BLOG: Learning from midwives leading the way in bereavement care

Donna Ockenden, Senior Midwifery Adviser reflects on the support given to families who have experienced bereavement

Professional development is at the very heart of revalidation and as part of my recent visit to the maternity and neonatal services at the Simpson Centre for Reproductive Health at the Royal Infirmary of Edinburgh I was delighted to see just how much value the team place on this. The midwifery practice development team there have created a ‘Professional Development and Clinical Skills Passport’ for hospital and community midwives. It’s a fantastic tool which allows midwives to record all of the skills they have gained in one helpful document. Midwives can easily see what training they’ve done, and it provides them with a handy reminder of what they need to do.

This was one of many examples of good practice I saw on my visit to Edinburgh where midwives took the time to talk me through their process for learning when there are adverse or unexpected outcomes. As we are all aware supporting women and families during pregnancy, birth and the postnatal time is not always without complexity and occasionally things can go wrong. Where this does happen, the service encourages their staff to be open so the whole team can learn from any incident that occurs. Every morning the maternity team hold a multi -professional ‘rapid review’ meeting and discuss untoward or unexpected events and ensure rapid feedback of any learning to staff. If there are examples of good practice, even within an untoward incident then this is also shared.

During my visit I also learnt about the ‘Being Open’ process. There are often a lot of questions from families after an untoward or unexpected event, and many will want involvement in any investigation or enquiry process that follows. The maternity services in Edinburgh make sure that mothers and families are given one dedicated named contact within maternity throughout the duration of any investigations that follow.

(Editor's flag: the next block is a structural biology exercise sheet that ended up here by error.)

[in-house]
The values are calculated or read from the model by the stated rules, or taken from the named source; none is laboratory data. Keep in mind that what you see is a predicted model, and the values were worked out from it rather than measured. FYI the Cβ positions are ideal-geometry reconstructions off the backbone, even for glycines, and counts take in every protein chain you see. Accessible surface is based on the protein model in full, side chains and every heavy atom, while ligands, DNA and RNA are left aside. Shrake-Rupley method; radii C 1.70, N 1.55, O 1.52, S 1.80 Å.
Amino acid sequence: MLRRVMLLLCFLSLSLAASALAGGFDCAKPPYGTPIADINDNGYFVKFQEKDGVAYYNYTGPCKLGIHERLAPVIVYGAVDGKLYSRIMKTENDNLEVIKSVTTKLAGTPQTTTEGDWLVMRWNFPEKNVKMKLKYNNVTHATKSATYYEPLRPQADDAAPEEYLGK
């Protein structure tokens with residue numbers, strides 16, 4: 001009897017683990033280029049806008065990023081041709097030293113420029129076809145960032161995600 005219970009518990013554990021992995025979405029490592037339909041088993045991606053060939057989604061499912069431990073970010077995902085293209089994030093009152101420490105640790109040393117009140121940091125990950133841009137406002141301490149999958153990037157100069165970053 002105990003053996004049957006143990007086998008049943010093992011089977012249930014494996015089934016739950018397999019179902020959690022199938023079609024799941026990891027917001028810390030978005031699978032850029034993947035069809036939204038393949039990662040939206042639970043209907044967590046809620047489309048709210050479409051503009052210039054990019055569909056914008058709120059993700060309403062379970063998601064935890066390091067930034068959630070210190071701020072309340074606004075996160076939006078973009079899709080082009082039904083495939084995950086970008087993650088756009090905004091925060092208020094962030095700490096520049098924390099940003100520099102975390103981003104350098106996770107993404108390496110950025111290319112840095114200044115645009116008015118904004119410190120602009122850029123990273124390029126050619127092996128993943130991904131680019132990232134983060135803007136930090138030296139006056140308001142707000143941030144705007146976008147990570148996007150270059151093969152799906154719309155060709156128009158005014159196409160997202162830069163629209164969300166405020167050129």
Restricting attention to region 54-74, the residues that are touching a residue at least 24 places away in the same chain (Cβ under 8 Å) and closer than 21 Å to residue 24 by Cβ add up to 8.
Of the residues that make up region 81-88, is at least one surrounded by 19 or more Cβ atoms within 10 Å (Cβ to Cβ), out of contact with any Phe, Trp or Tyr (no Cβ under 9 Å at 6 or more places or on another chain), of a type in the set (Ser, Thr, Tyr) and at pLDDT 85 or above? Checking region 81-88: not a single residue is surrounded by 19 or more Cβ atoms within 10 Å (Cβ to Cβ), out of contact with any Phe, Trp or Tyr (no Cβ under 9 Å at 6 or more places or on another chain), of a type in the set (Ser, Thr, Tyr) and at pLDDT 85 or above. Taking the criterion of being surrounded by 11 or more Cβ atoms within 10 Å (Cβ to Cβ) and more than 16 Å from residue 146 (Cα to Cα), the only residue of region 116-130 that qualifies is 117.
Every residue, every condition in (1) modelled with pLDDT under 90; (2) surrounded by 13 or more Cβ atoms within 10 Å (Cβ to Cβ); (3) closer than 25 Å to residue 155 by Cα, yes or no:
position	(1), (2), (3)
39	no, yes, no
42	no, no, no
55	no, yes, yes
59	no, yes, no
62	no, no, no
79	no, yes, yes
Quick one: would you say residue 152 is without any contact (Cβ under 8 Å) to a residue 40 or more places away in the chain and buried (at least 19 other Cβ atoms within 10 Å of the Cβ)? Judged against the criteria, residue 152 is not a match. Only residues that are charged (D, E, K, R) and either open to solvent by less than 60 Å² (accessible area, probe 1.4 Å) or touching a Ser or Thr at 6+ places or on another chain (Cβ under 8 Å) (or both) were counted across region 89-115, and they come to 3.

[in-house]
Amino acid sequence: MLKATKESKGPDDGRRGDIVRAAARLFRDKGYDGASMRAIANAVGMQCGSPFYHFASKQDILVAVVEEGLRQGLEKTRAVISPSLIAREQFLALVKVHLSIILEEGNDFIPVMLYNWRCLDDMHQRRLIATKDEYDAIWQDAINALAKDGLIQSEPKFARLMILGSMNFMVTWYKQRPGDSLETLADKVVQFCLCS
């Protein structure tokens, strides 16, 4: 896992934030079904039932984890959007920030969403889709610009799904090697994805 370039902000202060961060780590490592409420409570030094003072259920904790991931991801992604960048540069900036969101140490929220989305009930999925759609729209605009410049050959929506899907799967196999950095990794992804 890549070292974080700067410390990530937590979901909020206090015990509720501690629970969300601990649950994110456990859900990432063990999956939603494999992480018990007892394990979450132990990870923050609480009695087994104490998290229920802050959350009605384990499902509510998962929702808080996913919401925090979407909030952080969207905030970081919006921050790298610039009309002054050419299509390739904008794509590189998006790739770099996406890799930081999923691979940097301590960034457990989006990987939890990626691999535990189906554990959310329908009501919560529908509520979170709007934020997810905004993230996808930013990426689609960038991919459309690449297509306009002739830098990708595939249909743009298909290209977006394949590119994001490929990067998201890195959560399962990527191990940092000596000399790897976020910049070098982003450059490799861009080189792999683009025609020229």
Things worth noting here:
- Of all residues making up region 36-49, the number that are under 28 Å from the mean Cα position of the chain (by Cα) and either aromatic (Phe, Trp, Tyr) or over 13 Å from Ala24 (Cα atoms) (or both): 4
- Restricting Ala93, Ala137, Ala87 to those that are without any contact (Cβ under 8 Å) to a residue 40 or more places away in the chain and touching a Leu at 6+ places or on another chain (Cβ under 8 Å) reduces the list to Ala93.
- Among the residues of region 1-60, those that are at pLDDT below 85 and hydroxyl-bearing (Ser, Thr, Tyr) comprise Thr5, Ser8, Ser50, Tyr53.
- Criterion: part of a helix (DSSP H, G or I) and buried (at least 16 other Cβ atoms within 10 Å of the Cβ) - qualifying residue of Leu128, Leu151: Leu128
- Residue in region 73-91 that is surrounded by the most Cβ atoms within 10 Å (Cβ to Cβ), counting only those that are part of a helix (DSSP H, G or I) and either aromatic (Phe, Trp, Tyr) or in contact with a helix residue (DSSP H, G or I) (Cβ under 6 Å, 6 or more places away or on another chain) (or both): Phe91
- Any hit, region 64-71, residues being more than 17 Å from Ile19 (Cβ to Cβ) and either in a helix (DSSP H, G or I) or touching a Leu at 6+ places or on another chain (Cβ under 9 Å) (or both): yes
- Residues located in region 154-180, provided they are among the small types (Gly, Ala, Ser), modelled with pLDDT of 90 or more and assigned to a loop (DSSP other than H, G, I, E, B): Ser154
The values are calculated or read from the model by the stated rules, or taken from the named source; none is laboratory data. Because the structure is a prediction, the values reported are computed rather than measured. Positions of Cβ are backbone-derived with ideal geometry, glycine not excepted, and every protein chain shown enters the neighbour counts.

One of the main things I took away from my visit was the care and support the maternity and NICU teams give to mothers and families who had tragically experienced a stillbirth or baby death. The service has adopted a collaborative approach to support mothers and families through their loss. Health professionals working across many disciplines including pathology and mortuary staff are part of the ‘team’ – they also involve those working alongside the hospital such as local charities and funeral directors. It’s clear that midwives are a key part of that multi- disciplinary team in Edinburgh and are absolutely focused on providing the best possible support at a tragic time.

The service has also worked with Sands Lothians, a charity that supports the provision of compassionate care to families following the death of their baby, to produce an animation called ‘Parent to Parent’. This sensitive resource offers support to bereaved parents when they’re making a decision on whether or not to have a post mortem. In making the animation the team spoke to parents who had experienced a bereavement and asked what questions went through their minds when reaching their decision. The animation is a really good example of how the maternity team is reaching out to, and involving parents and learning from their experiences to help others.

When a family experiences a bereavement it can often be the small details that are appreciated by families. The maternity team in Edinburgh can arrange for a trained and experienced photographer at the hospital to take photos of the family and their baby to provide a lasting memory. Photographs are then provided to the family on a memory stick or similar. This small but really important gesture shows the huge amount of thought that the team put into caring with kindness and compassion for mothers and families.

To further support the fabulous work of Sands Lothian a wide range of multi professional ‘Simpson’ staff as well as their families and friends, recently took part in the Edinburgh Marathon Festival, undertaking 5k, 10k, half marathons and marathons. The team did amazingly well on behalf of Sands Lothian raising over £23,000. Throughout my visit this ‘team spirit’ was really evident throughout care provision in maternity and NICU with staff commenting positively on how much they enjoyed working for the service.

As part of my role with the NMC I visit maternity services across the UK. Please do let me know if you would like me to visit your service or contact me at any time. I’m always keen to make sure that information that is shared with me reaches the very heart of the NMC, meaning the decisions made by the NMC about midwifery are grounded in up to date insight directly from today’s midwives and maternity services.

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